U.S. law enforcement agencies are implementing facial recognition with little in the way of oversight or privacy protections, which could lead to faulty systems, the implication of innocent people in crimes, and negative outcomes for people of color, according to a report released by the Electronic Frontier Foundation (EFF).
“Face Off: Law Enforcement Use of Face Recognition Technology,” written by EFF Senior Staff Attorney Jennifer Lynch, says that new technologies are being developed and adopted without realistic field testing or legal protections against misuse, leading to a risk of constitutional rights violations. Furthermore, differences in system accuracy for identifying different populations, the collection practices and documented racial bias in some police practices could lead to the systems disproportionately affecting people of color.
The research body on bias in facial recognition systems has recently been bolstered by a study from M.I.T. researcher Joy Buolamwini, which showed misidentification rates of up to 35 percent for some populations. A House subcommittee is holding hearings to gain an understanding of the associated challenges.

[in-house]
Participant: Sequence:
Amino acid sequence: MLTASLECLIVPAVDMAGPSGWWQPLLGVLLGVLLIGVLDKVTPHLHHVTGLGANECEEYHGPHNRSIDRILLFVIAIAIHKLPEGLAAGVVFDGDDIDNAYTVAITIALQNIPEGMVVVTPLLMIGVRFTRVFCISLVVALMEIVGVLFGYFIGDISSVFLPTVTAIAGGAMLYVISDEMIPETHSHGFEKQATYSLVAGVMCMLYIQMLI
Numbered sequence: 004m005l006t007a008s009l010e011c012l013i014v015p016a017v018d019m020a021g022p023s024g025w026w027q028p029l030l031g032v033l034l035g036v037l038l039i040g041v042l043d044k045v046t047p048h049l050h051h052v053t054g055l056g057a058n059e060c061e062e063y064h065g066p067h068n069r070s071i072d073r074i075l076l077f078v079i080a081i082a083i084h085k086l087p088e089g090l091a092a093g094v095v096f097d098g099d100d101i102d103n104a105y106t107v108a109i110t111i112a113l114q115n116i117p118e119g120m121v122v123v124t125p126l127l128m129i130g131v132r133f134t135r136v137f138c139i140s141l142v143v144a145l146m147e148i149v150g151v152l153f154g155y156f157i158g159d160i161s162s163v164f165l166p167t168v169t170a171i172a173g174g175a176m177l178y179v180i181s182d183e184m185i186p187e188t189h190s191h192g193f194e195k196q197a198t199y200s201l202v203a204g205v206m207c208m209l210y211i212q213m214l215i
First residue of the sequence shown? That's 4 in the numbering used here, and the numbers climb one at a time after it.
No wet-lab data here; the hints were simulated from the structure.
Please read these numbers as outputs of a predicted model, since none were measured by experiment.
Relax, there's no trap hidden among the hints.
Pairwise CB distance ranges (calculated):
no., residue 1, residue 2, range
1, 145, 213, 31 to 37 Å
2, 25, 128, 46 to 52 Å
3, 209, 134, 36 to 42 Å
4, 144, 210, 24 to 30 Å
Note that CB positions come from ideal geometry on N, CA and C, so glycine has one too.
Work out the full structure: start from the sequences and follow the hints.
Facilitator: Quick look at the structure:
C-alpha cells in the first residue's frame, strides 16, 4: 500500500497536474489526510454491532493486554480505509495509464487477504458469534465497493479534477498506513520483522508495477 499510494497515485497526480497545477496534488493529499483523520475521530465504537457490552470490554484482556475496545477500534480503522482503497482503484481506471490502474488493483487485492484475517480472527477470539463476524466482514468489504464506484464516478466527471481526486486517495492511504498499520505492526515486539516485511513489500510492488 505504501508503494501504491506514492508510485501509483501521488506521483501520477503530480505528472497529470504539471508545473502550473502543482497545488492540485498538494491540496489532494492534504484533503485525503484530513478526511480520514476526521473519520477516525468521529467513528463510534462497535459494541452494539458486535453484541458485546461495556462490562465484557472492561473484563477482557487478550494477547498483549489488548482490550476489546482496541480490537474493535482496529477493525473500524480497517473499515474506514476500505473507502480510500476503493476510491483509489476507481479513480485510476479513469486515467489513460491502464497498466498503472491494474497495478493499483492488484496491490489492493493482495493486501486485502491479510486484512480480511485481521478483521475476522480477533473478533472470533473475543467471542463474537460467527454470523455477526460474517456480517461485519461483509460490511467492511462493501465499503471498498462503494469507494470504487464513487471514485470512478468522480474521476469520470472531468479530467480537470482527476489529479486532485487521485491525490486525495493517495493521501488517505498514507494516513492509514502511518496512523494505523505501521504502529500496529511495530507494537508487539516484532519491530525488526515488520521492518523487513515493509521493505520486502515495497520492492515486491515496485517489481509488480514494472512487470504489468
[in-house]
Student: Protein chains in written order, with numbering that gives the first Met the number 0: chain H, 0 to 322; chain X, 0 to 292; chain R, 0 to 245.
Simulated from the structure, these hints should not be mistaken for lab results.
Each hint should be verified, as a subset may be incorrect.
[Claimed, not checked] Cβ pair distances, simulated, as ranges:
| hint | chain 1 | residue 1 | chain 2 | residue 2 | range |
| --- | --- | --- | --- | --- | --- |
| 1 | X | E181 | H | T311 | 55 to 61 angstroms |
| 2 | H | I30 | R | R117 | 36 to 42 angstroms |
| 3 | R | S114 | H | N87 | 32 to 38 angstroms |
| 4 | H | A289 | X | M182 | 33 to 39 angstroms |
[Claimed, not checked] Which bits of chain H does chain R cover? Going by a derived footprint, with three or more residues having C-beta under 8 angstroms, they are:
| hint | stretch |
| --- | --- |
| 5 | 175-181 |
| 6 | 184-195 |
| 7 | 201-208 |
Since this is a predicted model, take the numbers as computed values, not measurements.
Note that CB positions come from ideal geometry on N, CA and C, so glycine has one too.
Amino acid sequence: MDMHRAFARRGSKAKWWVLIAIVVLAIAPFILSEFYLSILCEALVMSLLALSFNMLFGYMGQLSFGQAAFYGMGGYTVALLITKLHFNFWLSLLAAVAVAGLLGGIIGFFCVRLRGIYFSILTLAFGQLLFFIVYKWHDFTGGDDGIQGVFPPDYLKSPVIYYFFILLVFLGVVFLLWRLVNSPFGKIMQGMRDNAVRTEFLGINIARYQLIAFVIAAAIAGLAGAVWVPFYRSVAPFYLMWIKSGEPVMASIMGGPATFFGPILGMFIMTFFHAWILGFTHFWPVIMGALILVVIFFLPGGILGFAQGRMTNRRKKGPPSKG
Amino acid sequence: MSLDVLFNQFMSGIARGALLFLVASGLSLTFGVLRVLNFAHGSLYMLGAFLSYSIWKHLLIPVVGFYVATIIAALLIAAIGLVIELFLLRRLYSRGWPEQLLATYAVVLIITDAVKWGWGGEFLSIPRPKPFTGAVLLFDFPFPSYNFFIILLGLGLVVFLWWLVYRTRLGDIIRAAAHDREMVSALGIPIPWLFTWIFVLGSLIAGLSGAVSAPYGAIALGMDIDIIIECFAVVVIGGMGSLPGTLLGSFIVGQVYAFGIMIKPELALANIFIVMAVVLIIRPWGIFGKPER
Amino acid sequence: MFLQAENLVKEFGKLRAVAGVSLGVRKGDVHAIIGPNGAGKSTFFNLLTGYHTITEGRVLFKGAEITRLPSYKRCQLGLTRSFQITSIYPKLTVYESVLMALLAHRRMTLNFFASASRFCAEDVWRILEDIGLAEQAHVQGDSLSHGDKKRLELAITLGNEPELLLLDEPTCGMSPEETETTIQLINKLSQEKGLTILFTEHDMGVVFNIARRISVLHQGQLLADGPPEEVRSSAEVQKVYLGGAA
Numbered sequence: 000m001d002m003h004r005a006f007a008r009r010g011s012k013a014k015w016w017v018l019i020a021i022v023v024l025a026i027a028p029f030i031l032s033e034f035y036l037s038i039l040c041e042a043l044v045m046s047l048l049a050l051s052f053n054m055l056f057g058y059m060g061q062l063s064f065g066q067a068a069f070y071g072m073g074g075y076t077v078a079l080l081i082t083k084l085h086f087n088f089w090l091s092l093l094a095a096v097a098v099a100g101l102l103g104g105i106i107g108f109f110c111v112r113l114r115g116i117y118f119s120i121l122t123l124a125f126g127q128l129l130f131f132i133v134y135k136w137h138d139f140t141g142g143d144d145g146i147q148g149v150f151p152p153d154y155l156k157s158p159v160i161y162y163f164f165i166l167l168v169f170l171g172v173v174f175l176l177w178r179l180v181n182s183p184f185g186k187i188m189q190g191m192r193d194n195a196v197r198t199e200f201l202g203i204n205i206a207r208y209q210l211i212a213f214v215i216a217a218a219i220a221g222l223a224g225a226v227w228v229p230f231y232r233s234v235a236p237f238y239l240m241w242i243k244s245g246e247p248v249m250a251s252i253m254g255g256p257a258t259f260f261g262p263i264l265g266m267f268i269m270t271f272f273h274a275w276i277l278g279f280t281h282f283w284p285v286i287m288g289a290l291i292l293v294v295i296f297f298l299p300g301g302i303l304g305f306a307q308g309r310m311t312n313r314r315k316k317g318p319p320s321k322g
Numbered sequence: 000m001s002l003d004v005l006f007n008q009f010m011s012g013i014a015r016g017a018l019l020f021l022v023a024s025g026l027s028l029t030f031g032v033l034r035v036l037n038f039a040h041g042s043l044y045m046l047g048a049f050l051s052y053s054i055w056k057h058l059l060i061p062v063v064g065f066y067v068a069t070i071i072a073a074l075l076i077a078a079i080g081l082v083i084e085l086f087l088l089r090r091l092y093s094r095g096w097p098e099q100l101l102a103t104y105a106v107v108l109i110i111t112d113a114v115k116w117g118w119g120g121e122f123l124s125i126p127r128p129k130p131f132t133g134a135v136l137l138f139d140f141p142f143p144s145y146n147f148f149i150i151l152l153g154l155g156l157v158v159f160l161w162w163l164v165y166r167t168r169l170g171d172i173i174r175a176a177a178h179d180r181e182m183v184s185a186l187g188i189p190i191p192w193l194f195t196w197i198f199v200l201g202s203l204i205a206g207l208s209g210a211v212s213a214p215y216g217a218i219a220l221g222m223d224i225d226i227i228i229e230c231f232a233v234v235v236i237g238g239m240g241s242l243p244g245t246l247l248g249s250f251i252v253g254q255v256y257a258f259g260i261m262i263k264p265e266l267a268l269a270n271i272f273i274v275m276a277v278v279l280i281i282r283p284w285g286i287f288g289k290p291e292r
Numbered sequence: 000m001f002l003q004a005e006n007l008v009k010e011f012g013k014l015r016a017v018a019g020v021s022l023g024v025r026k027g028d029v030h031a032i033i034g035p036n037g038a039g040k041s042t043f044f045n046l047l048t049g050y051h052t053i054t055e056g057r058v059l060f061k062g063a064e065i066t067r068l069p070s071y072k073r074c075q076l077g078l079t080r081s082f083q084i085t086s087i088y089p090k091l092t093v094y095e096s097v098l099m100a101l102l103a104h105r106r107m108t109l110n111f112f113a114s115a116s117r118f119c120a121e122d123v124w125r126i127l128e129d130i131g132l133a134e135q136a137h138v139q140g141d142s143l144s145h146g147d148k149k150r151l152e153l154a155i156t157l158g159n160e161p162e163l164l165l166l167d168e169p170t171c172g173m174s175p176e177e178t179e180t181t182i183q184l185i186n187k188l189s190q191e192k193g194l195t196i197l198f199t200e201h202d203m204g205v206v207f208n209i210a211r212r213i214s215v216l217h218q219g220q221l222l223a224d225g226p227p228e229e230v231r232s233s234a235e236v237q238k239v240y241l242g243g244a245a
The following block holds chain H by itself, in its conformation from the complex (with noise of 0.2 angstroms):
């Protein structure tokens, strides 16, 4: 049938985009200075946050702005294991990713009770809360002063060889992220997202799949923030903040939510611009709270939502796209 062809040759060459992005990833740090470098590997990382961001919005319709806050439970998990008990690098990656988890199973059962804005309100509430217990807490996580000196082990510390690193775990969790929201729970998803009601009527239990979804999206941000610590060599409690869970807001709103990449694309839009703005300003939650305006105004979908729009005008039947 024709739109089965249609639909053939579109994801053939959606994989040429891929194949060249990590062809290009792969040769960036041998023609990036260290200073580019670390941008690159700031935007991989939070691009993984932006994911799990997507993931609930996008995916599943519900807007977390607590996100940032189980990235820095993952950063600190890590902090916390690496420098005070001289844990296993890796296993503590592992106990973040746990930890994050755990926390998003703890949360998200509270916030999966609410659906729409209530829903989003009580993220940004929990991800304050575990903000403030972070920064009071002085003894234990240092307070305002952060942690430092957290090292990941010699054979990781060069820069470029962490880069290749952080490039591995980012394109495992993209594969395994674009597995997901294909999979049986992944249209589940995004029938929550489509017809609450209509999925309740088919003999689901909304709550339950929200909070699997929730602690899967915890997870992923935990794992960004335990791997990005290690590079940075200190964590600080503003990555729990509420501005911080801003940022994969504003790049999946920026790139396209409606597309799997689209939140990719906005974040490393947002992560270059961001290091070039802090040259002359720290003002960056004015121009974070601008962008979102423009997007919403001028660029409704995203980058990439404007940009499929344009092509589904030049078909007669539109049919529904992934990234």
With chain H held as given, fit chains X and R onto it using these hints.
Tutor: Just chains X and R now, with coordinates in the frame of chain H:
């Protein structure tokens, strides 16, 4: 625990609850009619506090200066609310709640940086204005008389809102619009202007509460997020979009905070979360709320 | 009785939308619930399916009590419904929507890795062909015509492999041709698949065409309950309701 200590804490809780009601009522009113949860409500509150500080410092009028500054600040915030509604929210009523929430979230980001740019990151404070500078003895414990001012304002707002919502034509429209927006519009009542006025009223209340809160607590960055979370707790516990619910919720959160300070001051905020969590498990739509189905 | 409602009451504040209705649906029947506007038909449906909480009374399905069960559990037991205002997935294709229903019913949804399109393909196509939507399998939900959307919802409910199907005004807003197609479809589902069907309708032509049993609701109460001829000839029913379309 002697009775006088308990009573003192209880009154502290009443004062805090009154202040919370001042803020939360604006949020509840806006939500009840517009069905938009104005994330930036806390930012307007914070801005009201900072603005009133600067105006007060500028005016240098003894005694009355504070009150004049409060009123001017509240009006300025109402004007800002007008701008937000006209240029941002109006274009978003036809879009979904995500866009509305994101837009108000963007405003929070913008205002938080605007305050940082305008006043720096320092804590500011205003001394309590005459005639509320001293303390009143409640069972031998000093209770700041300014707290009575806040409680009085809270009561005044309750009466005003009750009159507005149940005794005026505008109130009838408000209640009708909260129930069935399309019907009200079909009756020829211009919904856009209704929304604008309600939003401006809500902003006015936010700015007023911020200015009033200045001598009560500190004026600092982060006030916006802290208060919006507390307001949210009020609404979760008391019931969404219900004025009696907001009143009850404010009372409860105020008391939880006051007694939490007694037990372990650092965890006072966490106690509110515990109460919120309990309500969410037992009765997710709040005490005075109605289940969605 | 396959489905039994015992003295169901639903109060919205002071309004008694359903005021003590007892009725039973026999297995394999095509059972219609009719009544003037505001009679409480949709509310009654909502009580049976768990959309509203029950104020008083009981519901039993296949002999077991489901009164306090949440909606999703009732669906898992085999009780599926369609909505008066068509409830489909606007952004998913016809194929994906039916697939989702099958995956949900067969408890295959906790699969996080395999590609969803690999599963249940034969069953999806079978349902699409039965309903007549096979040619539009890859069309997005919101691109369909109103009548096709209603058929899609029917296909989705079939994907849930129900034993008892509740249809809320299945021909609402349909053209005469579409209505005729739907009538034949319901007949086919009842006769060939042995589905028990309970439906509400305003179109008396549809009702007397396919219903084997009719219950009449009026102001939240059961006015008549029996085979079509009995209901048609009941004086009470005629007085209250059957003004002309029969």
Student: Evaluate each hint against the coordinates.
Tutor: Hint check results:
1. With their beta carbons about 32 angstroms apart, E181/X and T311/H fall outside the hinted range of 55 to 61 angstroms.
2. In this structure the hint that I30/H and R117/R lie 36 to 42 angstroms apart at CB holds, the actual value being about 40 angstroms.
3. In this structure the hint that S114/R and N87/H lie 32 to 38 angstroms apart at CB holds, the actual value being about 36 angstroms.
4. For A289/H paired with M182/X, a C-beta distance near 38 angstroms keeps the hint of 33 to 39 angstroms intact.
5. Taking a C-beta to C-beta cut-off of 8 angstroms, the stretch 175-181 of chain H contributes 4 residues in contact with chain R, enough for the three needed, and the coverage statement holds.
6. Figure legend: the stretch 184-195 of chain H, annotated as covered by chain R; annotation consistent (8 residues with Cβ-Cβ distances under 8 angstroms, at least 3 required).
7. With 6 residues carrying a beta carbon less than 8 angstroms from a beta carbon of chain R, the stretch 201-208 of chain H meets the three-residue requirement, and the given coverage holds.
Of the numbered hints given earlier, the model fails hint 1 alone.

The four-part report examines the key issues with facial recognition, the FBI’s face recognition programs, which provides facial recognition services to many other law enforcement agencies, and the systems of which the EFF says exemplifies the problems with facial recognition. Specifically, the report alleges the FBI has failed to meet the transparency requirements mandated by federal law. It also explores potential future capabilities of and concerns with the technology, and presents recommendations for policy makers.
“People should not have to worry that they may be falsely accused of a crime because an algorithm mistakenly matched their photo to a suspect. They shouldn’t have to worry that their data will end up in the hands of identify thieves because face recognition databases were breached. They shouldn’t have to fear that their every move will be tracked if face recognition is linked to the networks of surveillance cameras that blanket many cities,” said Lynch. “Without meaningful legal protections, this is where we may be headed.”
“The FBI, which has access to at least 400 million images and is the central source for facial recognition identification for federal, state, and local law enforcement agencies, has failed to address the problem of false positives and inaccurate results,” said Lynch. “It has conducted few tests to ensure accuracy and has done nothing to ensure its external partners—federal and state agencies—are not using face recognition in ways that allow innocent people to be identified as criminal suspects.”